Evaluative Approach to Differing Perspectives in an Online Legal Community
There are groups online consisting of thousands of attorneys who pose questions and hypotheticals to each other. From time to time a conflict arises within the group asking whether there a limit on what is asked or stated to thousands of other attorneys should be imposed by the group itself. A salient dispute is raised over whose responsibility it is to undergo a conflicts check. The Administrator of the group— who serves as mediator-arbitrator when conflict arises there– is sometimes asked to offer an evaluative response. The purpose of the response is to bring about resolution. The following recent response to attorneys addressing the limits of communication within the closed group redirects the proposed conflict to the individual, reducing the conflict to a matter of personal responsibility:
Each individual in each unique circumstance should use reasonable prudence in posing a question in this closed attorney group environment— just as we would anywhere else.
Not all *facts* provided are necessarily factual; names, locations, characteristics, dates, and so on can be changed to make identification attempts a fruitless venture. Most posts are not of such a nature as to reveal otherwise publicly available information. It’s actually quite rare that something is said that gives some kind of strategic benefit to an opposing counsel. The information obtained could even be misinformation to throw off an opposing counsel.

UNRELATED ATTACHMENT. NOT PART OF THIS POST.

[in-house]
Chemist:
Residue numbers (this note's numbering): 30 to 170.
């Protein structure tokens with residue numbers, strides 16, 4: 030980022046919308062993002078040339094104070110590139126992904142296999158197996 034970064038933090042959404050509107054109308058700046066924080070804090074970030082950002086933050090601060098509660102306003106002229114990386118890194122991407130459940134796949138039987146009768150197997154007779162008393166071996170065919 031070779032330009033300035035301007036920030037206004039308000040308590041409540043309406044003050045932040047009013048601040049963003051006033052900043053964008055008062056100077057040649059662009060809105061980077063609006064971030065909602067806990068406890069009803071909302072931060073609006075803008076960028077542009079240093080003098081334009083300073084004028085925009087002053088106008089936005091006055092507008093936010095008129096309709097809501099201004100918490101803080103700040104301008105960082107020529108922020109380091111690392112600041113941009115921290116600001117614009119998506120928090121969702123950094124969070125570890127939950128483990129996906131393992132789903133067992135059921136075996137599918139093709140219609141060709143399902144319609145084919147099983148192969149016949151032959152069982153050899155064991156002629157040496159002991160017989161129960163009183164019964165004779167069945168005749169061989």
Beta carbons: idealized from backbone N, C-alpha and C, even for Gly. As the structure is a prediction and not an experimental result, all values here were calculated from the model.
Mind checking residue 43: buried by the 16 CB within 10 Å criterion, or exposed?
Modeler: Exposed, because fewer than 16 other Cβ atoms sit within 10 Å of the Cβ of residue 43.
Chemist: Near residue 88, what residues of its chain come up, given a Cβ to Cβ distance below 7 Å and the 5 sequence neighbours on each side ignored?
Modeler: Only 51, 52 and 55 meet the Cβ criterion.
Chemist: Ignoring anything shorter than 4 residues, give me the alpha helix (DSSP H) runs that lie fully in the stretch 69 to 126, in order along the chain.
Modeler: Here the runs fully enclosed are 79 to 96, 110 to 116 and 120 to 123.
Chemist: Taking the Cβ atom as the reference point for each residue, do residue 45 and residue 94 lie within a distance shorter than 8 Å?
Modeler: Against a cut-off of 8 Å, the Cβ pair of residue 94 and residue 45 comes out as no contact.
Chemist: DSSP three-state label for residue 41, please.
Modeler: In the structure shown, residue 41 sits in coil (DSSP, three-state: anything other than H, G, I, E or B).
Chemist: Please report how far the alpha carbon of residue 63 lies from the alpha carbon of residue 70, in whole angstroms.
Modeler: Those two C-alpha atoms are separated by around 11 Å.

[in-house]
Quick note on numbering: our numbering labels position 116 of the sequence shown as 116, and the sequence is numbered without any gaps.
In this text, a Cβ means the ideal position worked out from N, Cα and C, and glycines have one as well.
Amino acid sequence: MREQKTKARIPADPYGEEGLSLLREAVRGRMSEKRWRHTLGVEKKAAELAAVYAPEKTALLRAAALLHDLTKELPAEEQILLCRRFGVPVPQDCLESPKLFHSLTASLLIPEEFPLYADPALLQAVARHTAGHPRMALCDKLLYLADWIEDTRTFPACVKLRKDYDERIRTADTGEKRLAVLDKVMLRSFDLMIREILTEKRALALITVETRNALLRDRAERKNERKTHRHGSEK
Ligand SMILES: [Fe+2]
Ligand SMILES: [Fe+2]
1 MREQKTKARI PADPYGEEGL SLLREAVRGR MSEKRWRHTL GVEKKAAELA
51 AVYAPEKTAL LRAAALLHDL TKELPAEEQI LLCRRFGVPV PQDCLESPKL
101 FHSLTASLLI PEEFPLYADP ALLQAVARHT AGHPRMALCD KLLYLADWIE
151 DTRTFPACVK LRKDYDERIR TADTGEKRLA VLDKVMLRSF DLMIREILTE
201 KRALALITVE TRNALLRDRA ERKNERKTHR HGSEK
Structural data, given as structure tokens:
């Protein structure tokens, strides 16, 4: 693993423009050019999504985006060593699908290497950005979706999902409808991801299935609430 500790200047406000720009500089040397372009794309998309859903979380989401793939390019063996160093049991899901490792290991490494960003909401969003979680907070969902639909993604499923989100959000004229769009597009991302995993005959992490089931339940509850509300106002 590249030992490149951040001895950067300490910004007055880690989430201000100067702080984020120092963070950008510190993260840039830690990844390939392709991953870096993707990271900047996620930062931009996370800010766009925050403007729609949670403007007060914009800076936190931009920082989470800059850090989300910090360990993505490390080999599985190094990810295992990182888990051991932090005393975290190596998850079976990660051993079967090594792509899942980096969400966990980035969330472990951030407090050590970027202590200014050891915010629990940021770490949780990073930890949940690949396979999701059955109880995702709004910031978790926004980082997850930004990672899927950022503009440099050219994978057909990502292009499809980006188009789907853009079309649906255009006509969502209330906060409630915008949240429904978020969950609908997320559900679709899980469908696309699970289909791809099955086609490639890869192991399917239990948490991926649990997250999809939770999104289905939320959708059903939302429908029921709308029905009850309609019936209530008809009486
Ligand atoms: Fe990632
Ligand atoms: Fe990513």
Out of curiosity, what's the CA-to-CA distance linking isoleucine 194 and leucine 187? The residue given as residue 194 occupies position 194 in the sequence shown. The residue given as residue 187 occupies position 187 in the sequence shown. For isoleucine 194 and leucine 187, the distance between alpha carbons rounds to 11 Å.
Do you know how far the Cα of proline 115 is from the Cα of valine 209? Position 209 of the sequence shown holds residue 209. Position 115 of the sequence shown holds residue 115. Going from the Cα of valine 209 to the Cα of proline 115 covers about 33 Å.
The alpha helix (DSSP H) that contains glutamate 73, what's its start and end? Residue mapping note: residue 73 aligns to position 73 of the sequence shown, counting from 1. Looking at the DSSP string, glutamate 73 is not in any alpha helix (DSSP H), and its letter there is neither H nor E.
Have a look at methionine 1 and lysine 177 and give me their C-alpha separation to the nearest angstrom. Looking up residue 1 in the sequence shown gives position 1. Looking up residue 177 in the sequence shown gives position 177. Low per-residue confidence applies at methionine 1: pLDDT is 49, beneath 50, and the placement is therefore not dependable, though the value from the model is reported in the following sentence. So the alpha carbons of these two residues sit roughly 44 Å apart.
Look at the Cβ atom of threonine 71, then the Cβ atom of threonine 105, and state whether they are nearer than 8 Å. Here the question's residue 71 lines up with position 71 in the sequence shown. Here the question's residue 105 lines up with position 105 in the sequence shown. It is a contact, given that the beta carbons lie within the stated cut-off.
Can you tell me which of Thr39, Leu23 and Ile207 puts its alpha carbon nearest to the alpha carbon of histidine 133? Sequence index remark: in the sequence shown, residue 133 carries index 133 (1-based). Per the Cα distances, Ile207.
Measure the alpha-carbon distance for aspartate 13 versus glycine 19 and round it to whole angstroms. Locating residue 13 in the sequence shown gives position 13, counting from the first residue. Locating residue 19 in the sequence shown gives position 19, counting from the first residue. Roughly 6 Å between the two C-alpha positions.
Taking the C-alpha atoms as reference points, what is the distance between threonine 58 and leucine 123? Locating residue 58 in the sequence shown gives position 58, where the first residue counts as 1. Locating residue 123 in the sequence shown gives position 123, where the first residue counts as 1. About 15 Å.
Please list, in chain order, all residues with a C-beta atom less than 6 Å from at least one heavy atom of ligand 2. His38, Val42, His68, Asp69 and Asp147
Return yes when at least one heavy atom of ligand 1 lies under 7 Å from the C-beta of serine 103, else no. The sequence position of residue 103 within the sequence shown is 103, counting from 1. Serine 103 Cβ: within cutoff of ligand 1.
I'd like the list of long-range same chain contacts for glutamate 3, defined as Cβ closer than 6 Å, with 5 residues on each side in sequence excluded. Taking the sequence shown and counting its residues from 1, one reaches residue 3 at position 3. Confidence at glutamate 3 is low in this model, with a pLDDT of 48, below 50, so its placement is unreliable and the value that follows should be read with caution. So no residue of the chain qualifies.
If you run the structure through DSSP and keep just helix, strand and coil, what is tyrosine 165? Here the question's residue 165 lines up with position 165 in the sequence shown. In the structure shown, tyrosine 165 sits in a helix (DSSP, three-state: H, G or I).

Accordingly, each of us self-imposes limits of latitude and freedom because the individual is best situated to self-regulate to the extent necessary under the circumstances. Each individual decides to ask, mention, specify, comment, explore, respond, assess, and reflect. We are professionals and adults in a congenial environment for the purpose of communication, even about difficult topics, and there should be freedom and latitude here to explore legal theories, ideas, and approaches. Quite literally, just as in law school or at an interactive CLE, we learn by asking questions. It’s up to the individual to design well the question asked.
We truly learn from the impressions of others. We grow in real time from the sharing and reflecting. We are all better for the information and the afforded freedom found here because of each of you who takes part in good faith for the purpose of advancing understanding and mentorship.
As Mack Travers has expressed: “Lawyers have been telling “war stories” for as long as there have been lawyers. In England, the source of many of our laws (5.001TCPRC) and traditions, Barristers are “Called” to the profession only after they have attended the required number of meetings at their Inn of Court. At these meetings, food is consumed, War Stories told, and instruction received. Without ‘War Stories’ whether in a 16th century Inn of Court, or on FB, education of our Profession would suffer.”
Edited September 18, 2018: A future blog post will incorporate a new Ethics Opinion on this topic found here: https://www.legalethicstexas.com/Ethics-Resources/Opinions/Opinion-673
About the author: Andrew Tolchin is an attorney and mediator in the greater Houston area, and founder of 713 Mediator, LLC and Tolchin Law Firm, PLLC.